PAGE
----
The Blanchard Company

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The Railroad Week in Review 6/7/97
featuring: The Breakup of Conrail

Ready reference: homepages for Conrail | CSX | Norfolk Southern

It's official. The STB has set a 350-day procedural schedule for reviewing the NS-CSX-Conrail unmerger/merger. According to the STB's press release, "a 350-day schedule will ensure that all parties are accorded due process and will allow the board time to consider fully all the issues." Enviromental issues weigh particularly heavily. If you wish to participate, you have from now till 45 days after the filing (set for 6/16) to get your notice in to the STB. You have 120 days after filing to get your conditions in. Orals will come on or about Day 290.

Now that there will be two healthy, aggressive and hungry rail property owners in the Philadelphia market, truckers are getting antsy. For years the trucking industry has dominated the shipping market in South Jersey because of a good highway system and the lack of adequate railroad service. Trucking is a major part of the Camden and Salem ports, with more than 400 trucks a day moving through Camden alone. Currently, the rail and trucks from Camden port send steel to the Midwest, fresh produce throughout the region, plywood to the East Coast and cocoa beans to Hershey, Pa.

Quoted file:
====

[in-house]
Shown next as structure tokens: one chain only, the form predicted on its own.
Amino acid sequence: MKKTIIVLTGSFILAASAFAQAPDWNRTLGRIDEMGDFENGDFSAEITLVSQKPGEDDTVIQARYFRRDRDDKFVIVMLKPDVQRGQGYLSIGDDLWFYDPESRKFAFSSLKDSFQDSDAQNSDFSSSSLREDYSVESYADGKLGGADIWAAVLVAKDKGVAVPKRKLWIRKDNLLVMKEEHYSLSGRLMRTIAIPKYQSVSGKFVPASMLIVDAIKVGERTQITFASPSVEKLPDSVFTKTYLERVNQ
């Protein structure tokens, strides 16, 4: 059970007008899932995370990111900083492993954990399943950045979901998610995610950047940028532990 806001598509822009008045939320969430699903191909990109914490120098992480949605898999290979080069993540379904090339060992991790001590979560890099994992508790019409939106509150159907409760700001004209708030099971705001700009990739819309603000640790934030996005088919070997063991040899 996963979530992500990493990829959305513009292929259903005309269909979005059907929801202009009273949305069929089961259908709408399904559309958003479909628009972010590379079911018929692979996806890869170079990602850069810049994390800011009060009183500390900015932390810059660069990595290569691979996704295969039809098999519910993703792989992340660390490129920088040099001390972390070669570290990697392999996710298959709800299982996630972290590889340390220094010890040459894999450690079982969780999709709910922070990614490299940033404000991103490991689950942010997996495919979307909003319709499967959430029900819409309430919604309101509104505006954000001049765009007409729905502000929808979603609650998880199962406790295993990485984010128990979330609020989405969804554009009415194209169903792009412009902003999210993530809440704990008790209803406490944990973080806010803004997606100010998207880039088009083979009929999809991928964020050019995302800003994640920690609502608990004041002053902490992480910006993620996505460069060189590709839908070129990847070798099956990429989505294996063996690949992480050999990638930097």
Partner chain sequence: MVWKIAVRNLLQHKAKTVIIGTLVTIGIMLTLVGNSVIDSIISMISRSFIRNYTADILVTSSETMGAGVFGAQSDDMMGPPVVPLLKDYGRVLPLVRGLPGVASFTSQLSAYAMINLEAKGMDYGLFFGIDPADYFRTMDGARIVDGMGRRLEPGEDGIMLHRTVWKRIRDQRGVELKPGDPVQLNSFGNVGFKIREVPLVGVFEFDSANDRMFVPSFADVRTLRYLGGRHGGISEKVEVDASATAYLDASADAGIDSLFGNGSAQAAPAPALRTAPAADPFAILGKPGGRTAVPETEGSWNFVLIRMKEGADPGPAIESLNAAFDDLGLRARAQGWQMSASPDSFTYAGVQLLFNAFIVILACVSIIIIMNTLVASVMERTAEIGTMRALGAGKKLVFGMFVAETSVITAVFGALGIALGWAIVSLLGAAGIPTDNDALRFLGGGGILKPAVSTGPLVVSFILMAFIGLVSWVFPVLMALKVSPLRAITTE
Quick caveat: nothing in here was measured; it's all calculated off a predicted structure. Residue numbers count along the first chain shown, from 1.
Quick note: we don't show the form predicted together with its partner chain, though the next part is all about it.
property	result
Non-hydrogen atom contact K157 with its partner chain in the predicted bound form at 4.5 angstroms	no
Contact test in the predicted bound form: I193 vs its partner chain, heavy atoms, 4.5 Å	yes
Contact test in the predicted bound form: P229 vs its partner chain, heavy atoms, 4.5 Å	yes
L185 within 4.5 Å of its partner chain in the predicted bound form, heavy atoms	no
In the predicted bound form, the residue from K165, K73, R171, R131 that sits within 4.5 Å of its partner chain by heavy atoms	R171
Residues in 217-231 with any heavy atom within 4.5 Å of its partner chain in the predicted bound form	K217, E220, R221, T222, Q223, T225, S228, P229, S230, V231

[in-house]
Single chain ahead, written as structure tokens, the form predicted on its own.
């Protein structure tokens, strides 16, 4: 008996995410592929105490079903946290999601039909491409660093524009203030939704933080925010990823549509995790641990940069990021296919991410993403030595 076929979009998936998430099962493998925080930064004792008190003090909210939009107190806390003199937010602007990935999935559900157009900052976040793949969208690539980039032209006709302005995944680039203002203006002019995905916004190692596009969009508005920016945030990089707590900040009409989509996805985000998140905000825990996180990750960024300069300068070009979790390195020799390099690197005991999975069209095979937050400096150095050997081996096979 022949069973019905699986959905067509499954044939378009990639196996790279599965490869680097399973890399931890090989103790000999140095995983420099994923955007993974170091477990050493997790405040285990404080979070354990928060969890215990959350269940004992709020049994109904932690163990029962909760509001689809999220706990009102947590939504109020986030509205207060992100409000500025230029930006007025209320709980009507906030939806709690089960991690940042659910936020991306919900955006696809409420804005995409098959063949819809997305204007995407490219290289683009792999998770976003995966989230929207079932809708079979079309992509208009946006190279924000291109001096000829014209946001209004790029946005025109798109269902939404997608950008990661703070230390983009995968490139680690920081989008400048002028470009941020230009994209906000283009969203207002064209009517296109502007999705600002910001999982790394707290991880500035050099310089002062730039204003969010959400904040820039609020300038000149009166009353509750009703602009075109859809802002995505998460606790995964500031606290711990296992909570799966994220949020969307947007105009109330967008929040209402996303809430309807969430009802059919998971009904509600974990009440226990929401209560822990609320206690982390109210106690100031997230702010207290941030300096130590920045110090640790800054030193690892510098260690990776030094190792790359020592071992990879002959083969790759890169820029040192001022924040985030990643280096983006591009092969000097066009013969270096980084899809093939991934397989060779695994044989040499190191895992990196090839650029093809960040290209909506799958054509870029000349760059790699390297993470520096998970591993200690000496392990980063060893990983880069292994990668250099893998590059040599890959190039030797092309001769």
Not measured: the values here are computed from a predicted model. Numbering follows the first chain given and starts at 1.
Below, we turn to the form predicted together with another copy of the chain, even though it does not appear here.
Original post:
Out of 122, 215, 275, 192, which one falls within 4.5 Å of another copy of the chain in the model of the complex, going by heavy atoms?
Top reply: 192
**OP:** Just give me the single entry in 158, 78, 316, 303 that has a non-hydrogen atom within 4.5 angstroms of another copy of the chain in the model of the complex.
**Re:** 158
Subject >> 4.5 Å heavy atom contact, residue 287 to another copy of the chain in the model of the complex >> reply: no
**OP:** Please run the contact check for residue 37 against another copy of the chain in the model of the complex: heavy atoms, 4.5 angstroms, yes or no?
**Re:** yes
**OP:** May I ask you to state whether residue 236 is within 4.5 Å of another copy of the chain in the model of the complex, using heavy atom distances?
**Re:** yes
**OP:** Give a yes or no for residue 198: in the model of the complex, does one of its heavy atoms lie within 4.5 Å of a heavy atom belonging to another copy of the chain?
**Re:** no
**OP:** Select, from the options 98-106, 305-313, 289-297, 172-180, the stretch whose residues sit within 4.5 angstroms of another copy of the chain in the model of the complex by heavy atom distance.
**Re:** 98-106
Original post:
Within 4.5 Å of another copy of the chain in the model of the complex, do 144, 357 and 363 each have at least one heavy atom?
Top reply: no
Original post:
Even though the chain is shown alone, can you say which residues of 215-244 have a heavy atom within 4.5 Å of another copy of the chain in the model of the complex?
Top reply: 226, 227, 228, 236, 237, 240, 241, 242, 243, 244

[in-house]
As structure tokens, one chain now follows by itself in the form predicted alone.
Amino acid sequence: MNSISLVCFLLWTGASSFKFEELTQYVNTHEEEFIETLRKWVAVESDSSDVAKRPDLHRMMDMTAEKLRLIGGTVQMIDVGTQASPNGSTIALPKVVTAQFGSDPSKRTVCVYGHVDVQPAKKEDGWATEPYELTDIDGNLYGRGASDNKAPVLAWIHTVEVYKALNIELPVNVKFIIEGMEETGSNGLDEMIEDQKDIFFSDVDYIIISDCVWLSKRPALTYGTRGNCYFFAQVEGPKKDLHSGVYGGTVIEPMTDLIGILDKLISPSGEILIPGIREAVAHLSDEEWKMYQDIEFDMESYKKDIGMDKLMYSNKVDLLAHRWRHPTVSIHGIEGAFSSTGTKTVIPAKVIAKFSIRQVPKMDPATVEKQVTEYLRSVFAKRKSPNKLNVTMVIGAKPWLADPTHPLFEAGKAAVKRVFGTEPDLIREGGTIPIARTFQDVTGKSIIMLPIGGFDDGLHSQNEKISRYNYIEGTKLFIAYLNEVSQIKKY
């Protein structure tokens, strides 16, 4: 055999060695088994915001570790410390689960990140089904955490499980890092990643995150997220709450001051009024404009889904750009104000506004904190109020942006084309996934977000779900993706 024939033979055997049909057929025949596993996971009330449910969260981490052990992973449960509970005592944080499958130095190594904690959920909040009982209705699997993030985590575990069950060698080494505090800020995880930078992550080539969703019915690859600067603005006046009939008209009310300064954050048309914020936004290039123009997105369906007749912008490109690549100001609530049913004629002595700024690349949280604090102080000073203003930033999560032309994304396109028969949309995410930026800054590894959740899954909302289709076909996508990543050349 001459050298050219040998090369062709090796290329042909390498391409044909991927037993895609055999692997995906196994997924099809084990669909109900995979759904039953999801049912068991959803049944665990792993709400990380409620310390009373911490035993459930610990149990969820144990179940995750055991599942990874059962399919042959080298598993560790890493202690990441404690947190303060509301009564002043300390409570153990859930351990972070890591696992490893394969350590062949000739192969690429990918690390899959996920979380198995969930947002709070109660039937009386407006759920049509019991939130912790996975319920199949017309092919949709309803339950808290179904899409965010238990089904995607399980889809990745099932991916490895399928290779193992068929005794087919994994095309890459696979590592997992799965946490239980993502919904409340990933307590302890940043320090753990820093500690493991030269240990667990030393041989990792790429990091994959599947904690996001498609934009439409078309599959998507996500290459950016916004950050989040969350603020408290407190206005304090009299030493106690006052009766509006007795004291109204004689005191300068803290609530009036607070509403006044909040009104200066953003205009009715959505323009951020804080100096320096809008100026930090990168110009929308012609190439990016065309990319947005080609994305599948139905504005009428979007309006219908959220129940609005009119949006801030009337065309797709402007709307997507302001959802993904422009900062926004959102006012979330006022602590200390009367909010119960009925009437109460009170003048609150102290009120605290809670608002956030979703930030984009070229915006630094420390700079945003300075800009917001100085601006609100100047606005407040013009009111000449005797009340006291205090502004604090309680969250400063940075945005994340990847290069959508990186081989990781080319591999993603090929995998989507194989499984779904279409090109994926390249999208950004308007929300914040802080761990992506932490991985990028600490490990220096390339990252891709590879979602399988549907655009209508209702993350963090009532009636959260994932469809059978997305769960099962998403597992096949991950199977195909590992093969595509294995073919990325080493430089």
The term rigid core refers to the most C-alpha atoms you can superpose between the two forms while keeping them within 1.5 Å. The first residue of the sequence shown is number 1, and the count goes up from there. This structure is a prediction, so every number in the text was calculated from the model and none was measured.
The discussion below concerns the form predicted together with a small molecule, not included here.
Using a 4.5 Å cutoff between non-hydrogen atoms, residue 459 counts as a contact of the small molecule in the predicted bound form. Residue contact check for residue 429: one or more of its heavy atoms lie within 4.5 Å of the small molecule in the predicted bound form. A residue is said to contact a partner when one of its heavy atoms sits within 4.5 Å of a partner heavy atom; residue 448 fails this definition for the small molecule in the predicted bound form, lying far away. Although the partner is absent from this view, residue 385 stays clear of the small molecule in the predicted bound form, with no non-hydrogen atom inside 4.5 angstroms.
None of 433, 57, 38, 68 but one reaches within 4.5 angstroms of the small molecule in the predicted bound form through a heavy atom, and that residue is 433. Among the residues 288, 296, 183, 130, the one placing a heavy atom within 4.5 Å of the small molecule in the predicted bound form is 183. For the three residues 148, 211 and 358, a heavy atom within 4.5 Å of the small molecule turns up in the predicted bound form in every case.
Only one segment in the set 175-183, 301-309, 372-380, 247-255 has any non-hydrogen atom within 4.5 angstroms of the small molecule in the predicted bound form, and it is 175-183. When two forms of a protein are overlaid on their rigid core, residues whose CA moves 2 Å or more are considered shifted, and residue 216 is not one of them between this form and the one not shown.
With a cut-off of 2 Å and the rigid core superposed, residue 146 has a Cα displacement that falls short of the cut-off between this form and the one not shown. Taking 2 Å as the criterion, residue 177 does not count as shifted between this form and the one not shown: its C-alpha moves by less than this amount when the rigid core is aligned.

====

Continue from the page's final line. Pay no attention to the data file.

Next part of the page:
At the Port of Philadelphia, 90 percent of the cargo is transported by truck and the new rail services could conceivably shrink that share. But that will take consistency and cost-effectiveness. And the inability of the rails to do that is what the trucks depend on. Rail can be a cheaper way of moving cargo, but shippers may turn to trucking for other reasons. Says one local truckload operator, "There are other factors, timeliness and volume; It may not be cost efficient to move it by train." Winter fruit arriving in Philly for local delivery moves almost exclusively by truck, yet the ports are reaching out three to five hundred miles for markets, and are specifically querying the rails about service options.

Last week was not a good week for Conrail in the derailment department. In New Jersey, a military forklift being carried on a Conrail train struck and destroyed a small bridge Friday, sending eight freight cars down an embankment. "The load was higher than it should have been," said CR spokesman Bob Libkind, adding that the bridge has a clearance of 18 feet, 3 inches, and a tunnel farther west is even lower.